November 2016 Bar Bulletin
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November 2016 Bar Bulletin

Why Civility Matters

This is the first of two articles about the importance to our community of attorneys modeling civilized behavior, professionalism and effective communication skills.

By Carol Bailey-Medwell


Given the crass and irresponsible nature of some of the political discourse this election year, it seems important that we all do something in our own spheres to model more dignified behavior and communication. As we all know, lawyers are regularly depicted as lacking the trust and respect of fellow citizens. Yet living in a country governed by the rule of law is one of the most precious qualities of a civilized nation.

Why this disconnect? What can each of us do to elevate our part of the conversation and increase respect for our contribution as lawyers to society?

This first article is aimed primarily at family law attorneys because we have a particularly significant impact on individuals. But all litigators might find some things to consider. The second article will focus on general communication skills applicable to attorneys practicing all areas of law.

Civility is particularly important in family law because of the impact family law attorneys have on the lives of not just their clients, but also all of the clients’ family members, friends and extended social networks.

I am asked regularly how I stay positive dealing with so much conflict. My answer is that wherever there are problems, the opportunity to help waits close by. We have a special opportunity to help our clients manage their emotions and look to the long-term outcomes they want in their lives. Short-term “pleasure” from acts of revenge is a faulty foundation for long-term happiness. Expressing negativity almost never results in improved relationships.

If we can remind our clients of this, it will not only serve them long term, but will also serve their children, other family members and their circle of friends. Being remembered as the one who reminded a client of this may go a long way, one step at a time, to enhancing our status in the community.

We can listen to our clients and empathize with their understandable hurt and anger without acting that out for them through the legal system. It is up to us to explore alternatives openly with our clients and advise them to protect their interests with the least court involvement possible.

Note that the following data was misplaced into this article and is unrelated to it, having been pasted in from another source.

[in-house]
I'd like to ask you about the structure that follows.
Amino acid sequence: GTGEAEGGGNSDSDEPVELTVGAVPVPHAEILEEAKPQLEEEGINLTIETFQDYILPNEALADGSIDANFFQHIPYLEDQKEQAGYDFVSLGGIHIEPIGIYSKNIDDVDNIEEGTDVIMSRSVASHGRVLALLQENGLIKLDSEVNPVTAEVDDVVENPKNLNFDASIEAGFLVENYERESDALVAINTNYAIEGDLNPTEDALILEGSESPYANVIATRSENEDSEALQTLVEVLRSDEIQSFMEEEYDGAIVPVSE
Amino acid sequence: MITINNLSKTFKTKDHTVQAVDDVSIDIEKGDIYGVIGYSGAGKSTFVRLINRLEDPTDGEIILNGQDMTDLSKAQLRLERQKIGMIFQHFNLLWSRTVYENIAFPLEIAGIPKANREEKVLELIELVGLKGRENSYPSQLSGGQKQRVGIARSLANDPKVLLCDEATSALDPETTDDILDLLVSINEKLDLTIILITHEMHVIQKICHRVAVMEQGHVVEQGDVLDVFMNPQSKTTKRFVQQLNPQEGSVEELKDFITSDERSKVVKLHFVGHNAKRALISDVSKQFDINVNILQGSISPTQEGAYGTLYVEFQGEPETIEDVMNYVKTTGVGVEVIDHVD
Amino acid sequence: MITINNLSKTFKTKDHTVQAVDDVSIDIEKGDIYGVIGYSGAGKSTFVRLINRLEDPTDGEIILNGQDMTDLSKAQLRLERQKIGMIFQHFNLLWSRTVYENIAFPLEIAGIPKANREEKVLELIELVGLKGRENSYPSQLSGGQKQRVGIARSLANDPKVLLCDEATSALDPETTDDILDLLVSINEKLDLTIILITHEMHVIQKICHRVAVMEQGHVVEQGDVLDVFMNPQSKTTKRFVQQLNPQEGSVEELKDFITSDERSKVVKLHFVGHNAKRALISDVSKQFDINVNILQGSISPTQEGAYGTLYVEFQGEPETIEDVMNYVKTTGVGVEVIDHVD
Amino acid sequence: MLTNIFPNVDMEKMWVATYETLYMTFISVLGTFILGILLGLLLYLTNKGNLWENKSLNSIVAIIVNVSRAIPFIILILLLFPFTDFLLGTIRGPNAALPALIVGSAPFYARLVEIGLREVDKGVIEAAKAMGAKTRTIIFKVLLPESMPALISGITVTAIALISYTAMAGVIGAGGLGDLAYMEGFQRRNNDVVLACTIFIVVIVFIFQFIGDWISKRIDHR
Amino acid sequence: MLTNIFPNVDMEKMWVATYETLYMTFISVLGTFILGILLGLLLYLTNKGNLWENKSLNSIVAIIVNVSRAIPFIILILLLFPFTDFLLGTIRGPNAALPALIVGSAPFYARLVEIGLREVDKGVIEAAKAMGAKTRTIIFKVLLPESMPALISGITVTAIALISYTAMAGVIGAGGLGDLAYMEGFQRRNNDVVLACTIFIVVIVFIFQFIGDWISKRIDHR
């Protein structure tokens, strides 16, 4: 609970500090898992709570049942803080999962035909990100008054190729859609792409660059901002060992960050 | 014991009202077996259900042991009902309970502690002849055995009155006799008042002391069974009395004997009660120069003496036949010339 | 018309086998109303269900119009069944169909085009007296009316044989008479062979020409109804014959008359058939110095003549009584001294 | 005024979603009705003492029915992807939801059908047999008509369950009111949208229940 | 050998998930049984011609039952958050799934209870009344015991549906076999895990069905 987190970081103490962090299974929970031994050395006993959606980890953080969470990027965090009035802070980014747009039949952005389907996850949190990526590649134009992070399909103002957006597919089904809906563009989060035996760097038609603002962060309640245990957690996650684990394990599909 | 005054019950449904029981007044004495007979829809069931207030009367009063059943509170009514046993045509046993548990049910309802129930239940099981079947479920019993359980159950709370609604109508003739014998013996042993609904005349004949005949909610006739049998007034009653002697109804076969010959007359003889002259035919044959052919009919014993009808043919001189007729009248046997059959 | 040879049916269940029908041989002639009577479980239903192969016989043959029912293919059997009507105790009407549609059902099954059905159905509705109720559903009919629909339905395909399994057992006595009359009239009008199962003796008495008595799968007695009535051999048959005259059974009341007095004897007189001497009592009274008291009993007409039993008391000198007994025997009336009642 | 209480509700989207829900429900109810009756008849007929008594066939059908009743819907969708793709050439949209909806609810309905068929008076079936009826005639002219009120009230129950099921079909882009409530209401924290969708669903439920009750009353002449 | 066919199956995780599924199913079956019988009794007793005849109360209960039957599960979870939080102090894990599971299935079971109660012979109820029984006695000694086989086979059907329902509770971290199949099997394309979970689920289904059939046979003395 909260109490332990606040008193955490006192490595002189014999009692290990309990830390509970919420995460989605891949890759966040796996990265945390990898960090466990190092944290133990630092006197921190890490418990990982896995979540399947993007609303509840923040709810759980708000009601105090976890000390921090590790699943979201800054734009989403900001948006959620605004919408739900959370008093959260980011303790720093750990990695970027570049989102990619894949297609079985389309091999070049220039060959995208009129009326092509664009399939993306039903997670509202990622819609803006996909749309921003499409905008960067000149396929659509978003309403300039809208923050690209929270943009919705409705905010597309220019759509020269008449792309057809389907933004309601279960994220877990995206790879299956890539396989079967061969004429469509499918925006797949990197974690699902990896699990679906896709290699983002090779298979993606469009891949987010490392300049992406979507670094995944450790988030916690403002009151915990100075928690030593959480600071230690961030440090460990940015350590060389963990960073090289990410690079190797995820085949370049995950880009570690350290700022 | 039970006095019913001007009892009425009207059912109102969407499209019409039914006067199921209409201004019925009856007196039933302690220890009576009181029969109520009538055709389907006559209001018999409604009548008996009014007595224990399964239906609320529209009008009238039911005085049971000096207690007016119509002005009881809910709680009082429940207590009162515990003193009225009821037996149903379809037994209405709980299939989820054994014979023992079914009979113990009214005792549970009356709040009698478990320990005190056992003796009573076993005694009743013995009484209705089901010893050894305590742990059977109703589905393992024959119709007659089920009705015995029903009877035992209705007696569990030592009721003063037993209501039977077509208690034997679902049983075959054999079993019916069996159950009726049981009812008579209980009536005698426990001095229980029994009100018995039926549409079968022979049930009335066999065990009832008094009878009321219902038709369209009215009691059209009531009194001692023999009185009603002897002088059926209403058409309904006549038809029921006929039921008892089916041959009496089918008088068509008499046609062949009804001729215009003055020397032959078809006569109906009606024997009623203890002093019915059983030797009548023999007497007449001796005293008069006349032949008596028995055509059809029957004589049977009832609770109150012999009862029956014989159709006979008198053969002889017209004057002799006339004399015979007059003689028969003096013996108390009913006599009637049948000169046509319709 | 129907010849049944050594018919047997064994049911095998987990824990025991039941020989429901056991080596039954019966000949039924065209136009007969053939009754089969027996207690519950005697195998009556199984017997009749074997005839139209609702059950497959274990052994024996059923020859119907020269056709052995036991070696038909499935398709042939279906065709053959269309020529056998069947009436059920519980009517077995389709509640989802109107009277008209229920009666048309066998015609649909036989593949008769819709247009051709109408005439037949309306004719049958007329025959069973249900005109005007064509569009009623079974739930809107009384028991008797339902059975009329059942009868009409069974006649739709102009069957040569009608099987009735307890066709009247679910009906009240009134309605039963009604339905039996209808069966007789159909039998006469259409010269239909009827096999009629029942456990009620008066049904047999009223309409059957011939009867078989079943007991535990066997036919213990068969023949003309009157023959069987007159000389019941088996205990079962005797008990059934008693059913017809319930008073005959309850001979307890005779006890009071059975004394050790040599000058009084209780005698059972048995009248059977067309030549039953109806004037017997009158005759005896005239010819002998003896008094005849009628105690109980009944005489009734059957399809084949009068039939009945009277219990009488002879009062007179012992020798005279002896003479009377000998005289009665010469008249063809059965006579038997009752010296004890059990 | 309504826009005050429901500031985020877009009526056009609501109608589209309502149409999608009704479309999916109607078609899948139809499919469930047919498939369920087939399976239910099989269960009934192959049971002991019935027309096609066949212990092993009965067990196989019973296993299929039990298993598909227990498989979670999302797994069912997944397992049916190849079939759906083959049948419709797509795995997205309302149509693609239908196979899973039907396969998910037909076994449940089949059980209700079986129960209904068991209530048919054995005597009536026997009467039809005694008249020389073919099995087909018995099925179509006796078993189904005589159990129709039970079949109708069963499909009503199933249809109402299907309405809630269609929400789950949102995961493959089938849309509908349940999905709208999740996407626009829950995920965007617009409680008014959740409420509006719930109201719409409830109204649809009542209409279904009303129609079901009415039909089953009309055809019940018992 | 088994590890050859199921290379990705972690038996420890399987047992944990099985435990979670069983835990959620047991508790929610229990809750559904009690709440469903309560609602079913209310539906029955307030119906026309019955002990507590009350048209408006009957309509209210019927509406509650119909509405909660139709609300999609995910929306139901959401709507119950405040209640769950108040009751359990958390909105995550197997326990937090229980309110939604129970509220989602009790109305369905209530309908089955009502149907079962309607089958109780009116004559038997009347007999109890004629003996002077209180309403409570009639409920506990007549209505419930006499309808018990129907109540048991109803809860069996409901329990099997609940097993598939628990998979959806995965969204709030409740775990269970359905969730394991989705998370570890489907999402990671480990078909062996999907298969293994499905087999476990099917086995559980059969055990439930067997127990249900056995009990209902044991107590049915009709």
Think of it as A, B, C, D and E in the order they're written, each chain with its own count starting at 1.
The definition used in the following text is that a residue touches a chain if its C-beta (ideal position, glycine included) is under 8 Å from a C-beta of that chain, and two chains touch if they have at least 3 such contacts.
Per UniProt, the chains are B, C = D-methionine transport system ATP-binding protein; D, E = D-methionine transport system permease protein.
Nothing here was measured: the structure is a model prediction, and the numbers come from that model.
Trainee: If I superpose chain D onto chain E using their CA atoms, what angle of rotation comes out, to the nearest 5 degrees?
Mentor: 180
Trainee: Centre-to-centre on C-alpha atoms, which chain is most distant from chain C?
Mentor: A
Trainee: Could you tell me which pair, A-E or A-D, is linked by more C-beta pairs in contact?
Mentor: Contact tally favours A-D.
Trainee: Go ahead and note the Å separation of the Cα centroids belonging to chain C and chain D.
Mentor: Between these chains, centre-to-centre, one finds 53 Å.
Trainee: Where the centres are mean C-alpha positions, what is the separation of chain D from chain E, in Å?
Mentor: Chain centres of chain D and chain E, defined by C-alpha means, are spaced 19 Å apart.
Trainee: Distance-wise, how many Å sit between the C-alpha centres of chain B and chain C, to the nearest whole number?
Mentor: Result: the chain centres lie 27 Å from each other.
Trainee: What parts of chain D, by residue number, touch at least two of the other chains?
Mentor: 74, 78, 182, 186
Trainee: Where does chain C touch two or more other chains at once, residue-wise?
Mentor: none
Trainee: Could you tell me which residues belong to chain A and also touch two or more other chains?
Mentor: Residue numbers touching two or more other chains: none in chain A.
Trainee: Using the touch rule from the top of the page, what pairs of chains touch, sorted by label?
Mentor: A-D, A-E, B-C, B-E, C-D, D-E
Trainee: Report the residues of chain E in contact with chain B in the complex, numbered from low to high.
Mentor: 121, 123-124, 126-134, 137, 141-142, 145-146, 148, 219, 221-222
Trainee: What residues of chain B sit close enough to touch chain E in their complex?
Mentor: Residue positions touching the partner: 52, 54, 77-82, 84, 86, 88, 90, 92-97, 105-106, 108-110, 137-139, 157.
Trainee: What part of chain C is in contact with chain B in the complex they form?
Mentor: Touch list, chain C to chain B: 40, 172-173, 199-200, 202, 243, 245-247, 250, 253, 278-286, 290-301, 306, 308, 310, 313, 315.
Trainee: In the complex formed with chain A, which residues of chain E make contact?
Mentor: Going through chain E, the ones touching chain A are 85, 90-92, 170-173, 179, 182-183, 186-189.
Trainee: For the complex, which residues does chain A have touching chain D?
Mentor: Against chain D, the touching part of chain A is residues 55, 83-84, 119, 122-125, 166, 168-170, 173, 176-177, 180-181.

Clients should know that there are processes outside of the court system for resolving issues, such as collaborative law, early mediation and joint consultation of neutral financial and/or parenting experts. Clients are often able to settle some or all of the issues on their own before any kind of court action is taken.

If there are wasting of assets, domestic violence or other issues that would make a cooperative approach unworkable, then those options may not be advisable. But clients should know about those processes so they can make more informed choices. Often, once the legal process starts, communication between the two clients deteriorates quickly.

Other than helping our clients manage their emotions and advising them of alternatives to immediate court filings, there are other ways we can help clients avoid unnecessary conflict. Some of those are discussed below.

Initiating the Legal Proceeding
by Service of Process

After the decision to file for divorce is thoughtfully made, attorneys should tell clients that there are alternatives to serving the spouse or partner through a process server. Surprising the spouse by having a stranger approach the individual is not a friendly way to initiate a family law process. It starts the case off in a hostile manner.

Unless there is an emergency or another legitimate reason for not talking to the spouse in advance, clients should be informed about alternatives to initiating the action through service of process. Your client can advise his or her spouse or partner that he or she will be filing the dissolution and ask the spouse beforehand to accept service of process. This establishes a more respectful approach to the dissolution process.

Involving Family Members
in the Legal Proceeding

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